COLLINS: I put my breasts back in my shirt. I got up off the couch. I walked as fast as I could out of his office down the stairs and left his

law office.

VELEZ-MITCHELL: And then you contacted police, right? And they gave you a recording device. You had a conversation with him at one point and then

you even went to dinner with him. And tell us about what happened at that dinner.

COLLINS: He was audioed by the Columbus detectives as well as videoed and audioed me confronting him about what I did. He gave excuses to my son has

a very attractive mother and what man would not do this.

VELEZ-MITCHELL: Yes he seems to have some kind of confusion. And again we don`t want to convict him. He`s on trial right now. But the smile -- and

he`s reportedly or allegedly saying words to the effect of well you are attractive. What guy wouldn`t hit on you?

But there is a big difference Catherine between hitting on you and making at pass you and doing what you say he did. Can you comment on that?

COLLINS: I know for a fact that he did it. Why he did it, I have no understanding. I`m still trying to grasp for an answer to this. Not that

there is actually an answer as for why anybody would do this to any female or any human being, period.

VELEZ-MITCHELL: How did you feel when other women came forward after you contacted authorities?

COLLINS: I kind of felt sad because knowing that I wasn`t the only one, that there is other women out there that he`s done this to. And at that

point when I came forward I just wanted to put a stop to it. Because when I came forward I didn`t know of the other women. I thought it was just me.

But it was some sort of relief at the same time in knowing I wasn`t the only one. So to prove that he`s guilty was just going to be a little bit

easier than just being me myself.

VELEZ-MITCHELL: Now, if I could ask you to stand by for a second. I thank you so much for talking. But your attorney, your civil attorney is here.

Let me outline what some are saying. First of all this man is saying he didn`t do any of this -- I have to say that. He`s on trial. He hasn`t

been convicted.

There are five accusers in this case. The first is the woman you`ve just heard from Catherine Collins who started all this because she went right

away to authorities. And so she -- first encounter that went south according to her she just goes right to cops. Another woman also met with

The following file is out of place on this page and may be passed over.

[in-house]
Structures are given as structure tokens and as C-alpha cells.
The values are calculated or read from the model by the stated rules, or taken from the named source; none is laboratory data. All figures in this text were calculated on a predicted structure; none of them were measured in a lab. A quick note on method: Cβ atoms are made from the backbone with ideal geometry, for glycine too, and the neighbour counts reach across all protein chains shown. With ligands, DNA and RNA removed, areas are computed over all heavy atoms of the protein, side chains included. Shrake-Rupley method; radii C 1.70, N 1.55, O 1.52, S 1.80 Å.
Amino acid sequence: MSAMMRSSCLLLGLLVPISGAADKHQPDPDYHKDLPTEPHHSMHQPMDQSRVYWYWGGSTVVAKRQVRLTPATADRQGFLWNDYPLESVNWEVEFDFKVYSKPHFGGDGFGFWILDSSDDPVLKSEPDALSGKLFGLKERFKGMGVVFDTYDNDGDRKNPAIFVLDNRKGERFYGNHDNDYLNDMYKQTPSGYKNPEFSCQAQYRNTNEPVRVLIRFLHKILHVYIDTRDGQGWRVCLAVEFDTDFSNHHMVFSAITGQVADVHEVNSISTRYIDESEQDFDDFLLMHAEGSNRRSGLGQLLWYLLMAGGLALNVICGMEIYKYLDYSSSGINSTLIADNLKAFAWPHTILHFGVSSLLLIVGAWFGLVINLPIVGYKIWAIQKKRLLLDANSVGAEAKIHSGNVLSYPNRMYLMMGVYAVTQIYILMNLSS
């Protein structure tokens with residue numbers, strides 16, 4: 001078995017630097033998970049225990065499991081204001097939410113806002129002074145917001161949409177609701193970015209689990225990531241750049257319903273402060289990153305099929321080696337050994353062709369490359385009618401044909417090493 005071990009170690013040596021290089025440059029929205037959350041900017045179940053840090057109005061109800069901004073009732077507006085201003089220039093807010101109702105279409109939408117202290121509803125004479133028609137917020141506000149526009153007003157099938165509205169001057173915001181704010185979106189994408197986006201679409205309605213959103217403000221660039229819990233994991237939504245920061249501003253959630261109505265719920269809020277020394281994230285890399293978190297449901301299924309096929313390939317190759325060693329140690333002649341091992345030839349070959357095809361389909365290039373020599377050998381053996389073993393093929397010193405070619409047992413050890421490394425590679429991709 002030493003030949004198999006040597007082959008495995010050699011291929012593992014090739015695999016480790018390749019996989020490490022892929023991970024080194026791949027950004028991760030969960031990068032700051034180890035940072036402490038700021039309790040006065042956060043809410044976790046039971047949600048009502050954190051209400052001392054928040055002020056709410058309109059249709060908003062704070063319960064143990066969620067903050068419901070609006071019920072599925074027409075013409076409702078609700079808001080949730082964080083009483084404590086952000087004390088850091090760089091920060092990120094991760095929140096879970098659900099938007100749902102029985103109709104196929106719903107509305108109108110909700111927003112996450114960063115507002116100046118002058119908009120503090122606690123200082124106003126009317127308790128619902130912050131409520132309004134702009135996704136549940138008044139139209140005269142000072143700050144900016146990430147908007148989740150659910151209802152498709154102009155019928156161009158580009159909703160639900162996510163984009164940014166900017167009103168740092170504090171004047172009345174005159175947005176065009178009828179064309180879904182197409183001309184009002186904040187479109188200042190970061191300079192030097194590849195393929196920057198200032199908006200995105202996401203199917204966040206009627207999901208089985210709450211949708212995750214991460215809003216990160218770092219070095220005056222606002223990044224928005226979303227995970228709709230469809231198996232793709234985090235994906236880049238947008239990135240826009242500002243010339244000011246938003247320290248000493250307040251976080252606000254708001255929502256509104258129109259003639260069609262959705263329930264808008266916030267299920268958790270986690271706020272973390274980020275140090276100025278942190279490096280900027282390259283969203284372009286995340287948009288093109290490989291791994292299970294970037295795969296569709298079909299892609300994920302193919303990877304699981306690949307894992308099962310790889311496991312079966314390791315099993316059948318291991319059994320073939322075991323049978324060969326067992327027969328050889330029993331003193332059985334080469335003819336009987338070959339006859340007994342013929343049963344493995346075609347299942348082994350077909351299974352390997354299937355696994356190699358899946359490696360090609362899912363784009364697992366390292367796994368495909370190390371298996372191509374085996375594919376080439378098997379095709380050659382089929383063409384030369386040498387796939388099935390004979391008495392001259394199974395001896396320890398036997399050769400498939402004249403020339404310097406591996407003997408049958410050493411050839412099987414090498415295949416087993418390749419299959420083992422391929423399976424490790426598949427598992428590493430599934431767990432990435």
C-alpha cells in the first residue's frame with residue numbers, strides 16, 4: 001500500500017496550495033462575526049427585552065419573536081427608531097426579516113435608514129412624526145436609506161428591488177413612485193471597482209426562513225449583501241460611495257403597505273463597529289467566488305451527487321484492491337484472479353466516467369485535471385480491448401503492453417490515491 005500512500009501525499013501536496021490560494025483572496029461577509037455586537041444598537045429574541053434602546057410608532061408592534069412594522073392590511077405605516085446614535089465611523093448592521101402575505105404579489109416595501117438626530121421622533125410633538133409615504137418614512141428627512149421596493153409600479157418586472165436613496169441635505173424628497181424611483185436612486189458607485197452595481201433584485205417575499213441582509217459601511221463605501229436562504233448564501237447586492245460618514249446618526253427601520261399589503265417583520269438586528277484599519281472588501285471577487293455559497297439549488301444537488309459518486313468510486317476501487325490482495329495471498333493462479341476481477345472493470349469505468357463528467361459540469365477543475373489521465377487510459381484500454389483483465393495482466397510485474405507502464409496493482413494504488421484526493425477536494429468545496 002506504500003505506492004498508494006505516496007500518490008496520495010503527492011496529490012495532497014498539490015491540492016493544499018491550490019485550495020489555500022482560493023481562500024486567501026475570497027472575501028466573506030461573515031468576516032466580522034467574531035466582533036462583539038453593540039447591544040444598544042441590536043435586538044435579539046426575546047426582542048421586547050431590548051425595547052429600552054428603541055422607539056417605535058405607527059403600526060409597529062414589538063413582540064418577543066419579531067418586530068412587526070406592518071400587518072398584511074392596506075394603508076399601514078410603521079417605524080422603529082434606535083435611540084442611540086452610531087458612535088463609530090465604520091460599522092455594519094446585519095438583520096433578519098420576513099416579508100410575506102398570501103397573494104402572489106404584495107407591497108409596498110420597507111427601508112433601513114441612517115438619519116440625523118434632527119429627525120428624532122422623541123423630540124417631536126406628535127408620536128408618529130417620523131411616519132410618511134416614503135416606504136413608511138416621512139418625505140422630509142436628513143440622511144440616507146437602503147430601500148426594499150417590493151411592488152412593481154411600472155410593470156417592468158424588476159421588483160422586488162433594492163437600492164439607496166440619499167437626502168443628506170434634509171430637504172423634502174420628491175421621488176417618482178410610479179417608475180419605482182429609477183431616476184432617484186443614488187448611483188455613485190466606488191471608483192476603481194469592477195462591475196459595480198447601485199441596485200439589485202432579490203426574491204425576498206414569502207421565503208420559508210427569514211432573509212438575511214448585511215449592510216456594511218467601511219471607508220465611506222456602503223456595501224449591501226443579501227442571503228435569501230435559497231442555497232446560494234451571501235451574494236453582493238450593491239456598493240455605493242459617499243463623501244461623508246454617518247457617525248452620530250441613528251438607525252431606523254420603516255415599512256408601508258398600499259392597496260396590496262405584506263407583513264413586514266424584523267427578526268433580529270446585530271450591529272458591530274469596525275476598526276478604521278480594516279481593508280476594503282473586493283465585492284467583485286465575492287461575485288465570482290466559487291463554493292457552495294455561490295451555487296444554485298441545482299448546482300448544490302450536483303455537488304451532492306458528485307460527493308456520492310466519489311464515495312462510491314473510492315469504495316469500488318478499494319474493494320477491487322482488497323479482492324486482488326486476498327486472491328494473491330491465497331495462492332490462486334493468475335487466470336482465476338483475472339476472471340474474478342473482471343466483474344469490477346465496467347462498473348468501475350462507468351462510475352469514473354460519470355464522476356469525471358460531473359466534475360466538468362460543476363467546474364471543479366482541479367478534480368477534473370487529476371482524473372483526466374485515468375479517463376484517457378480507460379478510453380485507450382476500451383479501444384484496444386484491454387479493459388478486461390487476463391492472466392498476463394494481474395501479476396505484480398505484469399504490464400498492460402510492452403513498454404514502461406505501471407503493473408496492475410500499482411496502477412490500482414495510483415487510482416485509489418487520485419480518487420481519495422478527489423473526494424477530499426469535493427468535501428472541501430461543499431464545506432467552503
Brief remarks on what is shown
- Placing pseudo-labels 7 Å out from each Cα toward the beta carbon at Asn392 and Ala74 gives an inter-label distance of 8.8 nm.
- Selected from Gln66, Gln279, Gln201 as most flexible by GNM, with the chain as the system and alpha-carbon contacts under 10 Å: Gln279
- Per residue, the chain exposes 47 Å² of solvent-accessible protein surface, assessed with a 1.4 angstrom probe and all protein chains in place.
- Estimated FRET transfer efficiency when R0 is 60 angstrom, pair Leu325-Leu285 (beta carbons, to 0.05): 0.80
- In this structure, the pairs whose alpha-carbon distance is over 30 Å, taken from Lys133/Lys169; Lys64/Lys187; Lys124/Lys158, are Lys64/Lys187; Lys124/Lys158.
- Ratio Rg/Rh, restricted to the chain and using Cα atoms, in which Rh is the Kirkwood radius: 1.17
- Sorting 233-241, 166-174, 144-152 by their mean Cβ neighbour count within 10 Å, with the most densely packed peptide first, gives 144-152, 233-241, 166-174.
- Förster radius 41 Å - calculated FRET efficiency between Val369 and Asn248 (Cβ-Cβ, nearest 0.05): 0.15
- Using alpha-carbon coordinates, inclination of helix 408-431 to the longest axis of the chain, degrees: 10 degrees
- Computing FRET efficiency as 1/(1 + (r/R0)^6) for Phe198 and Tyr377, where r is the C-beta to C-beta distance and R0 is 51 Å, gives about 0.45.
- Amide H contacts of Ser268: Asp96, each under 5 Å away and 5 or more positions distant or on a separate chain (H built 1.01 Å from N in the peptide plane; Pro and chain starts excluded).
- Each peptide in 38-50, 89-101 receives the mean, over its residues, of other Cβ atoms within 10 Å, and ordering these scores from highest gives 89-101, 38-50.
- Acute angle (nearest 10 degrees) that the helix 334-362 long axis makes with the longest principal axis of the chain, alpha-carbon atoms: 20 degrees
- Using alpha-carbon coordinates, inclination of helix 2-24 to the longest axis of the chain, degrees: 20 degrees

him to discuss a defense strategy for her son. And she has similar claims but they are even more graphic. She claims this guy tried to get her to

perform oral sex on a judge who was overseeing her son`s case in exchange for a life sentence. And she also claims that she was later raped by this

attorney Armengau in a court house conference room and also says on at least ten occasions he stripped naked and masturbated in front of her.

And so this is what I want to ask Chris Bucio and let me just read a couple of others. A former employer claims he put his hands down her shirt and

exposed himself to her. She says he demanded oral sex for years and she agreed because she felt she had no choice. She testified she was forced to

give him oral sex 50 times over a decade, once while -- are you sitting down -- watching the 9/11 terrorist attacks on the World Trade Center and

other parts of our nation.

I got to ask you. Some people are wondering and this has nothing do with your client Catherine. She says first incident she`s off to police and

acted heroically. But some of these other women people are wondering Chris why did they keep going back?

CHRIS BUCIO, CIVIL ATTORNEY FOR CATHERINE COLLINS: Well -- and that is a fair question to ask but it also tells you the sickness of this gentleman

who one could formerly call a lawyer by I don`t think we should really give him that prestigious title anymore. This monster, he preys on weak women

who are helpless or in complete desperation. And for a lot of these women, they have criminal backgrounds, some of them serious criminal backgrounds.

And so he uses that as a chip on his shoulder to have one up on these poor victims.

I think some of the testimony came out today was one of the women said he told me no one is going to believe you, versus me, I`m a lawyer. And I

think for a lot of these women, they did feel helpless for many, many years. And it took somebody as courageous enough as my client Catherine

Collins to come forward before they felt comfortable enough to say hey maybe the police will believe me, maybe the bar association will believe

and maybe we can --

VELEZ-MITCHELL: Well, let me jump in and just ask you. I have to ask this for legal reasons so I`m not trying to put you on the spot. But your

client Catherine does have a criminal record. Does that factor in any way shape or form Chris?

BUCIO: I think any time you are on the hot seat as this lawyer is, this Javier Armengau is on the hot seat, he`s going to do -- his lawyers are

going to try to do whatever they can to try to take the testimony of each and every one of these victims. So there are five here but there are many

other that have come forward and are testifying as well that are part of the criminal complaint. And that happened today. There were several women

that testified that aren`t even part of the state`s case.

(CROSSTALK)

VELEZ-MITCHELL: Chris, I got to leave it right there. Stay right there. We are just getting started.

Just unbelievable stories tonight and they are all exploding in our Facebook page. Check out my Jane Velez-Mitchell Facebook and weigh in, be

part of the conversation.

(COMMERCIAL BREAK)

(BEGIN VIDEO CLIP)

UNIDENTIFIED FEMALE: The evidence will show you the power of the defendant and how he controlled these women, and how he controlled (EXPLETIVE

DELETED) to prey upon them.

(END VIDEO CLIP)

VELEZ-MITCHELL: Take a look at this attorney Javier Armengau who`s charged with rape and all sorts of nefarious things regarding five woman and you`re